In ‘Surrogates,’ living the simulated life
With breathless lines of dialogue like “Their brains were liquefied in their skulls!’’ - referring to onscreen characters, not the audience - it’s awfully tempting to let “Surrogates’’ review itself. In fact, the latest Bruce Willis futuristic action rama-lama is a reasonably watchable sci-fi B movie, a case of a good director and some intriguing ideas struggling to overcome formula plotting, limp dialogue, and a serious case of the sillies. Give credit to filmmaker Jonathan Mostow for keeping the movie on track; give credit to star Bruce Willis for keeping a straight face.
Willis plays Tom Greer, a FBI agent of the near future, when 98 percent of the population stays at home while their robotic Surrogates - replicants that look like younger, prettier versions of their owners - go to work and play, feeding the sensations back to the atrophying humans hooked to their stim-chairs. It’s sort of like “The Matrix’’ turned inside out, and we’re our own worst enemy.
The boilerplate plot involves a chase after a dastardly superweapon - it looks like a flashlight - that fries Surrogates in public while killing their humans at home. Greer and his partner (Radha Mitchell) follow the trail of carnage all the way to a tribe of anti-Surrogate Luddites (led by Ving Rhames in dreadlocks), a corporate conspiracy and other nefarious doings, leading to a race against time to push a computer key that will save the human race.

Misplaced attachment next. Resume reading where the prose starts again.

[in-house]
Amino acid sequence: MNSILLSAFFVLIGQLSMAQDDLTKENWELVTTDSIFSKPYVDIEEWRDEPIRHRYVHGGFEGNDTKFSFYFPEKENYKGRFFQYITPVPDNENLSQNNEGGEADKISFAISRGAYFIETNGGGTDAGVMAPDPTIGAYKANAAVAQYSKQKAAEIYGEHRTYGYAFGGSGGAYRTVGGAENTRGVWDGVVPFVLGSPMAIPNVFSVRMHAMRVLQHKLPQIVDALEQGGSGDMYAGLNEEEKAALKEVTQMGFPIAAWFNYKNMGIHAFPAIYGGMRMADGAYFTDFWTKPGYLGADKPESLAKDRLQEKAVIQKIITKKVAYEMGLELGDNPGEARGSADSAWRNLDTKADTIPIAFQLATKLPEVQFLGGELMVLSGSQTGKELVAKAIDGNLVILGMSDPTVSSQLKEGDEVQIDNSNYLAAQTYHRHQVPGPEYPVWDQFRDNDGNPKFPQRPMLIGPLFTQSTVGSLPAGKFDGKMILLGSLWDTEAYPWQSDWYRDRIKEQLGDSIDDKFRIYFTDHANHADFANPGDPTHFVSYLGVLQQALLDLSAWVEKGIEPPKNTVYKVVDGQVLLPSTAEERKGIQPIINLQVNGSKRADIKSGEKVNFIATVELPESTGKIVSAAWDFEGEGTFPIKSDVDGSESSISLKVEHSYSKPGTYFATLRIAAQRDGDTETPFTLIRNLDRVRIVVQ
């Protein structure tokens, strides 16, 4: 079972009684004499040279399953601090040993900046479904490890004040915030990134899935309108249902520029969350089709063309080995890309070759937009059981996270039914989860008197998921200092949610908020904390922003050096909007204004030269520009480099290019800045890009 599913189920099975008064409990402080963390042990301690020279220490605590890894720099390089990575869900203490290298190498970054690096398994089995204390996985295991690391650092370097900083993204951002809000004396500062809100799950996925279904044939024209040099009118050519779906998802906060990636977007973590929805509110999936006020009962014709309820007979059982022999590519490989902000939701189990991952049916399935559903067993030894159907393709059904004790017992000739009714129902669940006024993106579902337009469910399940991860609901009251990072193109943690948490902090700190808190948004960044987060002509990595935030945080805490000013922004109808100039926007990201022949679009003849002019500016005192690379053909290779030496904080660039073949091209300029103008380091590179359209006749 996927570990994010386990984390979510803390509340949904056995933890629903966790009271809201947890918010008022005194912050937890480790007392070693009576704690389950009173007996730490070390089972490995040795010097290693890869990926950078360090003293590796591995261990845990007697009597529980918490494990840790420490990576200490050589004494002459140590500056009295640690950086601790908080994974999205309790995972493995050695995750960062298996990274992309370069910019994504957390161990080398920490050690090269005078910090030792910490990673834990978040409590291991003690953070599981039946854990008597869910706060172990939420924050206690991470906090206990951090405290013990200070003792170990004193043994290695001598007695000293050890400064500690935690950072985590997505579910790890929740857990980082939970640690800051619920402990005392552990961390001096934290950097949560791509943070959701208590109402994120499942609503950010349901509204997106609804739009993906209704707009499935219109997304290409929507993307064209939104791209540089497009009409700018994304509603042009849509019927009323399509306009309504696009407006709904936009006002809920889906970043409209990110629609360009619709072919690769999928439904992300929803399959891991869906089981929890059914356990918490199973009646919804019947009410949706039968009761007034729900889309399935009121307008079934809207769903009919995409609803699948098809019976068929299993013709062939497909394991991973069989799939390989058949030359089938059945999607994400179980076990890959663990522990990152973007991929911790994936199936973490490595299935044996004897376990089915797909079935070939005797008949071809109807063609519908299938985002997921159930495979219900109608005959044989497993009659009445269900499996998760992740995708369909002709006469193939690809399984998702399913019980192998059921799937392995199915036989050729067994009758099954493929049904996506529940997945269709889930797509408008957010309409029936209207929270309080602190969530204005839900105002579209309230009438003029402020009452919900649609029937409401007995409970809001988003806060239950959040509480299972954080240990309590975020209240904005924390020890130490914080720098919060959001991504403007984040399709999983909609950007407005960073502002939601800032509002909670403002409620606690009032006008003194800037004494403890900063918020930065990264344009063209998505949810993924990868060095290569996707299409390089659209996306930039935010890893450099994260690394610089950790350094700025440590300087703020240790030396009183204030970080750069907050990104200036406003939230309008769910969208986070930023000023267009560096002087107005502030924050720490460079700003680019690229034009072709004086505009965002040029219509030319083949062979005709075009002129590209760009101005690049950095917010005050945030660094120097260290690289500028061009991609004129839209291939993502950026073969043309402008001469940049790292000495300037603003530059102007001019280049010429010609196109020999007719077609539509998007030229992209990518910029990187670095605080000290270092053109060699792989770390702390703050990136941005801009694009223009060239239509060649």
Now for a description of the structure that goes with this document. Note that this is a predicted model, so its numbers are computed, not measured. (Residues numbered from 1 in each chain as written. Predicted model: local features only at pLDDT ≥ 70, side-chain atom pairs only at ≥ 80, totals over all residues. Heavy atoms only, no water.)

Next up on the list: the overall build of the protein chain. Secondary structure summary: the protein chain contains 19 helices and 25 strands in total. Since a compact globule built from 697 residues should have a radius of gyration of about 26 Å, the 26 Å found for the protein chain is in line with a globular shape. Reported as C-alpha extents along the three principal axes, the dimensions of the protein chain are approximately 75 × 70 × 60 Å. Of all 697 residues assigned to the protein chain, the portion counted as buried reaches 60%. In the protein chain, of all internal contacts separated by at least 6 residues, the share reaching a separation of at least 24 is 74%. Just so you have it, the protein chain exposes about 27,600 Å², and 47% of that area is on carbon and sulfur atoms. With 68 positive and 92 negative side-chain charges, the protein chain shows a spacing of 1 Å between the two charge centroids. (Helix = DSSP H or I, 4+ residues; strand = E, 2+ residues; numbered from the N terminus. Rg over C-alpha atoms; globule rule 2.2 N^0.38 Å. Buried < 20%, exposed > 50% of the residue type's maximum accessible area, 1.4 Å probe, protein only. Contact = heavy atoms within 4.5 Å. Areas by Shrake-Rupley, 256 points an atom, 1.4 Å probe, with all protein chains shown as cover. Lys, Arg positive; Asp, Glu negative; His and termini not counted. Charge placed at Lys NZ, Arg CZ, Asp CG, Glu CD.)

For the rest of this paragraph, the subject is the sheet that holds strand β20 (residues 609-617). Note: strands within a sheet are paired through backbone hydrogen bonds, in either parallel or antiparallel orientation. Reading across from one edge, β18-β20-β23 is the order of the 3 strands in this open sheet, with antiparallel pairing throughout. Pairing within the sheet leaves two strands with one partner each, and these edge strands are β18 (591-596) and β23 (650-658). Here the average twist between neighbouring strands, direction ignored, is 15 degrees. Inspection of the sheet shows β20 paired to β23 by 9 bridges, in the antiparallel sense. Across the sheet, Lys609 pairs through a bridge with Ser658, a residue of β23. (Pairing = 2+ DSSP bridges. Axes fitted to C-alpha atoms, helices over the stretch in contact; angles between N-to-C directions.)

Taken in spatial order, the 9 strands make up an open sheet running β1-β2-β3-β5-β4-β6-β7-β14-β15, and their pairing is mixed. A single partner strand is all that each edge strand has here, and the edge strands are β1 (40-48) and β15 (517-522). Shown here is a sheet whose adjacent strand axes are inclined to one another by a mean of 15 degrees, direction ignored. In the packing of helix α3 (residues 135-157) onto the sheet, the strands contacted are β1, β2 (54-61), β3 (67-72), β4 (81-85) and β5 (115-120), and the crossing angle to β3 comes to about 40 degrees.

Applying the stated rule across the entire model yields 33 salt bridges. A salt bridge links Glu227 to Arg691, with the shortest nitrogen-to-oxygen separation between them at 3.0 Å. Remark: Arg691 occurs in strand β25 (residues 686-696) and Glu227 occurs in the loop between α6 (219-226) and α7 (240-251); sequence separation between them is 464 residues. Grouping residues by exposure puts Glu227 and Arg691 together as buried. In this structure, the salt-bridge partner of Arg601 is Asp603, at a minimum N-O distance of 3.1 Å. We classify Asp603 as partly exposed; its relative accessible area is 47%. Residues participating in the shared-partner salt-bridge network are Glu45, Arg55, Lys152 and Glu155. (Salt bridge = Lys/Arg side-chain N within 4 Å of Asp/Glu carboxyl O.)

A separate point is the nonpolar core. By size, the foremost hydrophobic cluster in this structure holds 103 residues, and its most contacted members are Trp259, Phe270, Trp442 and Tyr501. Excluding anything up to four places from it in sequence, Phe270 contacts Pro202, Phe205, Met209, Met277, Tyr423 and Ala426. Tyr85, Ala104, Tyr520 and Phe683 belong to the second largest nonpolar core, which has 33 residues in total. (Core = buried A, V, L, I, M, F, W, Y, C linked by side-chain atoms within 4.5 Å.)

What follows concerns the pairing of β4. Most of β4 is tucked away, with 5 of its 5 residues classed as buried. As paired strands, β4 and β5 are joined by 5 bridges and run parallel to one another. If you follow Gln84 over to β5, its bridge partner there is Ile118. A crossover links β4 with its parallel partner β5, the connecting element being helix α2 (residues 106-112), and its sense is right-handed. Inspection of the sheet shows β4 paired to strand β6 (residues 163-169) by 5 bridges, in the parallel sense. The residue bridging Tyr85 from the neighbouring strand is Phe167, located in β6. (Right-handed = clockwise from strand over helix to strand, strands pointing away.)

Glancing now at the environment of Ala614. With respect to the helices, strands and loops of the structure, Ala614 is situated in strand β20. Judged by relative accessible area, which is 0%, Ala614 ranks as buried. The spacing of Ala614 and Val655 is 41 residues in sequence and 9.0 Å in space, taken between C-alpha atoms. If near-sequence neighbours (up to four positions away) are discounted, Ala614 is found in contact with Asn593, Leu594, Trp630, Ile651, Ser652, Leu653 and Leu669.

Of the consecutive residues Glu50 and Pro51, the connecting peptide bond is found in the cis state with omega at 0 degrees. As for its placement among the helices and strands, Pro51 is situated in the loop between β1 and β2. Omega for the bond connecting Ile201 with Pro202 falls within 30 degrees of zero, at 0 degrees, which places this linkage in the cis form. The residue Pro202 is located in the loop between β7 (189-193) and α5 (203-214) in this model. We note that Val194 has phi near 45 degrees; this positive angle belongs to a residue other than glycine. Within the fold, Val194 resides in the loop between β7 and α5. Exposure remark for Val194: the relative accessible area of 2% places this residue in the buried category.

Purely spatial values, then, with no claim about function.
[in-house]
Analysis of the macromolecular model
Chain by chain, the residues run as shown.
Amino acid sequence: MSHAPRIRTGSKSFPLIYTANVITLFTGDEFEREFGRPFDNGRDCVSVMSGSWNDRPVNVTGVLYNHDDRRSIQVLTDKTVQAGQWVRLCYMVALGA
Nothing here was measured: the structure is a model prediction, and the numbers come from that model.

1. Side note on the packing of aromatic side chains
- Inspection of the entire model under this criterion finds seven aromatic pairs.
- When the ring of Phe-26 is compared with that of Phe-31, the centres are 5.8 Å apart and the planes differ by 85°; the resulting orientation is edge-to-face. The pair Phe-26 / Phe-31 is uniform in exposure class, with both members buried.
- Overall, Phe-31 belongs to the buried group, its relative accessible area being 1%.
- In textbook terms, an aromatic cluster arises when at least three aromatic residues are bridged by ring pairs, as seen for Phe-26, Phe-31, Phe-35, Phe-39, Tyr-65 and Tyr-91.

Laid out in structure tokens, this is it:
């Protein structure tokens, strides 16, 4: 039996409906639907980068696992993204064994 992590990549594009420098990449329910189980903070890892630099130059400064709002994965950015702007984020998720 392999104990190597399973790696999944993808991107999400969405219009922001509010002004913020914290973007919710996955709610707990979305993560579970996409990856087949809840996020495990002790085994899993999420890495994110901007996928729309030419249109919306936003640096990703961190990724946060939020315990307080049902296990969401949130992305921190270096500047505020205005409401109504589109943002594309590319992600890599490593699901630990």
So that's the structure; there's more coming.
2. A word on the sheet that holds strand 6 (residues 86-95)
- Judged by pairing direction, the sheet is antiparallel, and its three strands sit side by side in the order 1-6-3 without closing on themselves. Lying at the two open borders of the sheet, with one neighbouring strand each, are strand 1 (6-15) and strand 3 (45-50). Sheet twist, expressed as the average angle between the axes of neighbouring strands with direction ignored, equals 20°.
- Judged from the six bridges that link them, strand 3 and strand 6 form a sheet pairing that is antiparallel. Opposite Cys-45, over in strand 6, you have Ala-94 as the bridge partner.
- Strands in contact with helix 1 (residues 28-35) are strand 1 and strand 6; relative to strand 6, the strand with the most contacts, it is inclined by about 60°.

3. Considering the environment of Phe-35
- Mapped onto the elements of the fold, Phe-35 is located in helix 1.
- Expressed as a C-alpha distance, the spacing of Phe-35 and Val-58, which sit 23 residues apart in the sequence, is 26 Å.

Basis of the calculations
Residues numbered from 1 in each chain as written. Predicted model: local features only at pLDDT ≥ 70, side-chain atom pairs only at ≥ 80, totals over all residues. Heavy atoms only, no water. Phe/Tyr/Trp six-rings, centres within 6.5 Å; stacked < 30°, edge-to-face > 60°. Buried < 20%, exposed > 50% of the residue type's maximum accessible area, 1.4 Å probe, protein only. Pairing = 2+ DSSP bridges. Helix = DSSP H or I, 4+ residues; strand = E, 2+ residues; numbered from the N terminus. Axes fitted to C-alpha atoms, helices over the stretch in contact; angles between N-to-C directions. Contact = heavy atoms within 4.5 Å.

Against such nonsense, Mostow comes up with some impressive visual ways to convey the radical social disconnect caused by the Surrogates. Their faces have been given a CGI makeover, for one thing, so that they all look like extras from “The Polar Express.’’ A subway car full of Surrogates heading home from work is an eerie sight that may hit home with anyone who’s had a bad day; a glimpse of hundreds of soldiers fighting an overseas war from their stim-chairs is a frightening notion the movie doesn’t pursue.
Actually, there are ideas abandoned by the wayside throughout the movie, sacrificed to plot illogic and a too-short running time. Is the film’s message that we’re already too jacked into our computers and Blackberrys? If so, it’s left on the cutting room floor. At least we finally get Willis with and without hair in the same movie - the unconvincingly toupeed one is the Surrogate; the balding, beaten-up one is “real.’’ The actor, God love him, gives both roles his all - the mark of a B-movie trouper.
Among its other eccentricities, “Surrogates’’ offers a day-after-tomorrow picture of Boston that doesn’t jibe with the city as most of us know it, despite creative location filming all over the greater metropolitan area. It’s one thing to put the hero’s apartment in the South End’s Cathedral Housing projects; it’s another to reclaim the entire South Boston waterfront as an anti-robot wasteland. Good luck getting Anthony’s Pier 4 to move.